When I began writing these pages I believed their subject to be children, the ones we have and the ones we wish we had, the ways we depend on our children to depend on us, the ways in which we encourage them to remain children, the ways in which they remain more unknown to us than they do to their most casual acquaintances; the ways in which we remain equally opaque to them.
The ways in which neither we nor they can bear to contemplate the death or the illness or even the aging of the other.
As the pages progressed, it occurred to me that their actual subject was not children after all…; their actual subject was this refusal even to engage in such contemplation, this failure to confront the certainties of aging, illness, death.
Blue Nights is an emotionally searing little volume. Reading it for me was like touching my fingers to a fire that’s always burning in my mind, but one I’m usually too afraid to get close to.
The eternal conflagration that is aging, illness, death.
And the fear of it.
If you read this blog very often, and especially if you read my other blog, you’ll know that my life is perhaps too enmeshed in these things – elderly parents and relatives and neighbors, each one treading a hopeless downhill path leading directly to the grave. It’s an ugly thing to say, but it’s a thought that burns in my head every day and one from which I endeavor to maintain a respectful distance.
Until someone like Joan Didion comes up behind me and shoves me right up close to the fire.
While Blue Nights is ostensibly a memoir about Didion’s daughter Quintana, and her death in 2005, it’s really almost more about Didion’s own decline and the fears associated with it. She uses the word “frail” again and again to describe herself, and if you’ve seen photos of her recently you know that word to be a huge understatement. Of course Didion has been gutted in the past decade by her husband’s very sudden death in 2003, her daughter’s long, drawn out illness (which was already underway at the time of his death), and by the inevitable losses of aging. Didion, who is 75 years old, “spends whole days” wondering who to notify in case of emergency,” now that Quintana – the “one person who would need to know” -is gone.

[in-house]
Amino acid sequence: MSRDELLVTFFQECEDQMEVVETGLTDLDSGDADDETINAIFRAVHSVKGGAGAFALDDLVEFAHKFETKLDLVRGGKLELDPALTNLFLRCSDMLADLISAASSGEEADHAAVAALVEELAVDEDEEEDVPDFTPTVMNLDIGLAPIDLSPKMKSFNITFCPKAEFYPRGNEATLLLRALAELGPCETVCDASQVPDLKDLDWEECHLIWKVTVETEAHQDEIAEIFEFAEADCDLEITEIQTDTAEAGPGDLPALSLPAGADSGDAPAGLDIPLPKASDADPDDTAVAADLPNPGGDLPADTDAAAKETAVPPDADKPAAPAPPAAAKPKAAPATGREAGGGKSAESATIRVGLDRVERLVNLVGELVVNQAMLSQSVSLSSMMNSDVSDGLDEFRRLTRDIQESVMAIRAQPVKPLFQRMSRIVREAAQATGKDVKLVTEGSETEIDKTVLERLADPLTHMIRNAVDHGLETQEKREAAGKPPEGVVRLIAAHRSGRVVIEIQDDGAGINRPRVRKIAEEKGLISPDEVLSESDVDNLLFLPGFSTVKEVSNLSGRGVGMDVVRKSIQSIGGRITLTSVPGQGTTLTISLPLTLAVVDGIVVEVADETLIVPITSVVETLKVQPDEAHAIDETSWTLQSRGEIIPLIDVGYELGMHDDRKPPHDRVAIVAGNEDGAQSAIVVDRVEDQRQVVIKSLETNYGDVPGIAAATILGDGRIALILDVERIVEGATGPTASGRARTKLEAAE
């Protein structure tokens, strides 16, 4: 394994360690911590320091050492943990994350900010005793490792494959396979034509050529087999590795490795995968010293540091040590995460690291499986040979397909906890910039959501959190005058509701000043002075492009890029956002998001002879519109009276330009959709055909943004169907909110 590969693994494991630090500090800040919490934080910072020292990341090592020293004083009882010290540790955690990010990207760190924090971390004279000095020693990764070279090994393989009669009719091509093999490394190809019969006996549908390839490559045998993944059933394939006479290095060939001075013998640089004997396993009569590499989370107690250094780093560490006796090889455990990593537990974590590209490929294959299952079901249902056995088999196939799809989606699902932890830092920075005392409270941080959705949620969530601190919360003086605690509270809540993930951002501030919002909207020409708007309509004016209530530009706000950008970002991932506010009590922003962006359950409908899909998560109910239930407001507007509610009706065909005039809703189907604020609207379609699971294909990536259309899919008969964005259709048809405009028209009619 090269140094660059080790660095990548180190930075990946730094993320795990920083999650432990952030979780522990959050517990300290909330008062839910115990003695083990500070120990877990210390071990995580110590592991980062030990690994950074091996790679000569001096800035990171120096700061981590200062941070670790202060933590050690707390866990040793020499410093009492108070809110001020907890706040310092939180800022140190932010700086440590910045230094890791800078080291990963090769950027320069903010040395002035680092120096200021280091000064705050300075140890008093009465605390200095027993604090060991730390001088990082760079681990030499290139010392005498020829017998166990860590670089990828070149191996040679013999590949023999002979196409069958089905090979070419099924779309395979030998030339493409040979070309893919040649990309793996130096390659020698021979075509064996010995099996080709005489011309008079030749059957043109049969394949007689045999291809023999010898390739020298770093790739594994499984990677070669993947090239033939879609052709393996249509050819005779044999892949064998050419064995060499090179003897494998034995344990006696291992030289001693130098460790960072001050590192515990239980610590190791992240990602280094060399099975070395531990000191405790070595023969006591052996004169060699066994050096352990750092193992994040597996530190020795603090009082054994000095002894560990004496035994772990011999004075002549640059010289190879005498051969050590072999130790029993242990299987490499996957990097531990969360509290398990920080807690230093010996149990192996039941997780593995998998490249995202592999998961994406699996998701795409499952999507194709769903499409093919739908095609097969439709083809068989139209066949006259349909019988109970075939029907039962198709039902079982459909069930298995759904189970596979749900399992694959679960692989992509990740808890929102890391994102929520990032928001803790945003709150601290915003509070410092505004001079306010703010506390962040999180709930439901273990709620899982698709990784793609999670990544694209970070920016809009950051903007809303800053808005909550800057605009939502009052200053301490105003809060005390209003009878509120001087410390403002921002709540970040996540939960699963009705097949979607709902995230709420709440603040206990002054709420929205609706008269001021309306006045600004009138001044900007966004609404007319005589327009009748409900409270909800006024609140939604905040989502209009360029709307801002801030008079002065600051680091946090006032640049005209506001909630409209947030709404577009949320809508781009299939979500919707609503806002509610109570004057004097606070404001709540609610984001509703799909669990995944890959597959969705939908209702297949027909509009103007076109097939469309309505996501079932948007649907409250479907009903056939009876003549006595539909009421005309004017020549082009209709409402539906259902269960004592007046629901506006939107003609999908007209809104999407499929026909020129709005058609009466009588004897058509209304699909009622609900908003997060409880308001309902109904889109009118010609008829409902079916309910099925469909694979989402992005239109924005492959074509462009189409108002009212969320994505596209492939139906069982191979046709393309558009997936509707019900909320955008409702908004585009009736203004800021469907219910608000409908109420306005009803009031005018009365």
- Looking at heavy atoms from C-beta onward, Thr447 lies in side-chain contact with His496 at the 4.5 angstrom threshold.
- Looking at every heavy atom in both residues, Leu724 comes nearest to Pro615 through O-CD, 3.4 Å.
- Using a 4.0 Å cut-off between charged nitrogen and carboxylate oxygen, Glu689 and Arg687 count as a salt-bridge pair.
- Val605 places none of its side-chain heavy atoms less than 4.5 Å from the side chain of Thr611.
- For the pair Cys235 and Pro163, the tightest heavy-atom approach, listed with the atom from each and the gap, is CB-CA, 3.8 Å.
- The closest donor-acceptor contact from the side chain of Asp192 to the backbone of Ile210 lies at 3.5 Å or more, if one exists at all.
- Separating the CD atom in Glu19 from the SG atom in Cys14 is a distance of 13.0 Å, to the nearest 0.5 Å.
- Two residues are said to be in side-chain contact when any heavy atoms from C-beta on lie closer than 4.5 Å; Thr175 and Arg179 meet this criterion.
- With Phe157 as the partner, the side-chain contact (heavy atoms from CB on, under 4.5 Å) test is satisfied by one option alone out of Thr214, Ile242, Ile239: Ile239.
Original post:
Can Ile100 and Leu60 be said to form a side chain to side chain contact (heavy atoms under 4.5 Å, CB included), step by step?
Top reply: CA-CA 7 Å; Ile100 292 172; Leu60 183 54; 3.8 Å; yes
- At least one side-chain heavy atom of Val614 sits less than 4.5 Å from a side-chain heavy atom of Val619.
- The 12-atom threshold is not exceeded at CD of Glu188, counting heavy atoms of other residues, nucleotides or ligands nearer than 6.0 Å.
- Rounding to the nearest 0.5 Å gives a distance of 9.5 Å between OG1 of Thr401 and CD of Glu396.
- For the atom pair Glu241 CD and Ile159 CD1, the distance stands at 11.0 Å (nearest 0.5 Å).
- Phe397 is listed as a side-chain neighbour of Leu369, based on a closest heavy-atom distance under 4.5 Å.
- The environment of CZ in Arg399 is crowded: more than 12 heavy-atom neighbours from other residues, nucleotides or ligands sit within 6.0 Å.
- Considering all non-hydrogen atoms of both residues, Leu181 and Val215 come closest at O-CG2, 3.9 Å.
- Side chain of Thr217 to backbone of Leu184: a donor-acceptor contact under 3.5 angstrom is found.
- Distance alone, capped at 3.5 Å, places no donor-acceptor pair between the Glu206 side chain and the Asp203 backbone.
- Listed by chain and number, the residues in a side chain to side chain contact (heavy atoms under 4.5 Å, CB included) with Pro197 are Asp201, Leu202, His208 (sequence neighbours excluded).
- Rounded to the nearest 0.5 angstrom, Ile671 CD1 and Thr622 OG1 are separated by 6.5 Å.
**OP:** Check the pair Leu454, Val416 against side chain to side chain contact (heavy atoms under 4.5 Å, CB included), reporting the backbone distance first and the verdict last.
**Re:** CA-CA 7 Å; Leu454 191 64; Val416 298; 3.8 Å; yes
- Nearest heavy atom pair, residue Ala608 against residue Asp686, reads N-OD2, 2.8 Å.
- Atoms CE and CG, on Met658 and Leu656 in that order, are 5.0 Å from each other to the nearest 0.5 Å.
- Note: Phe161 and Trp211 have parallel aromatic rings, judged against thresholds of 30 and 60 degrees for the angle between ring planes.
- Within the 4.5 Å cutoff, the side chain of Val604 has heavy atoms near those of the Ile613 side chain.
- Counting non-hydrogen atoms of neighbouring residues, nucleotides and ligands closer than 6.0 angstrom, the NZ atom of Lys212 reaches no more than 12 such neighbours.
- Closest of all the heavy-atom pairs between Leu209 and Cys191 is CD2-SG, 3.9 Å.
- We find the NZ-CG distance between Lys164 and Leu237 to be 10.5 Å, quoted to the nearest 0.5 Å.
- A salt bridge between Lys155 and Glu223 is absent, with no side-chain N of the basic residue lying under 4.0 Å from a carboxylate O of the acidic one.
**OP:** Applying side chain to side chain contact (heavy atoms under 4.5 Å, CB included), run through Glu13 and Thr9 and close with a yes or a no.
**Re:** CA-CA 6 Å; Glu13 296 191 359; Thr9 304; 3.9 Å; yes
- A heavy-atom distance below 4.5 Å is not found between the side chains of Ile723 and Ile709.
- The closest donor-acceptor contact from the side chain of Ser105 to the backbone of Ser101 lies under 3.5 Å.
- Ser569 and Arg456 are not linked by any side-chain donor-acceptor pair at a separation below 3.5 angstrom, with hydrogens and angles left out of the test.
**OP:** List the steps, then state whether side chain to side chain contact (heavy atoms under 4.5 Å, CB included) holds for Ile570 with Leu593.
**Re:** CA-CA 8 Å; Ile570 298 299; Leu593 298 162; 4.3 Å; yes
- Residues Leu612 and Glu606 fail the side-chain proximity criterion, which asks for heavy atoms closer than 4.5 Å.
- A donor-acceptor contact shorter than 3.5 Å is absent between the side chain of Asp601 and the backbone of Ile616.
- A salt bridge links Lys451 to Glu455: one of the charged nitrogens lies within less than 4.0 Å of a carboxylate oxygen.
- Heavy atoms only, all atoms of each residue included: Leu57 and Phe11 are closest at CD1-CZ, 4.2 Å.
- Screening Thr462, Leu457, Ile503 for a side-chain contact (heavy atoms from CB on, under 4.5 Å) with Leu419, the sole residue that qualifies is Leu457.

Of course losing a child must be like losing all light from your life, like the eternal ending of “blue nights,” the extra long hours of daylight we experience during the summer months for which the book is named. That light is like a grace bestowed on us after the weary darkness of winter, and every year when they end and the inevitable twilight falls earlier and earlier, it’s a little like death.
Didion’s exploration in this book startles and pangs me. She takes no comfort in memories, and in fact wishes she could forget them. She remembers Quintana’s death, she looks at “what was lost,” but she looks harder at the “real fear” – knowing that we all “pass as the blue nights pass, into nothingness.”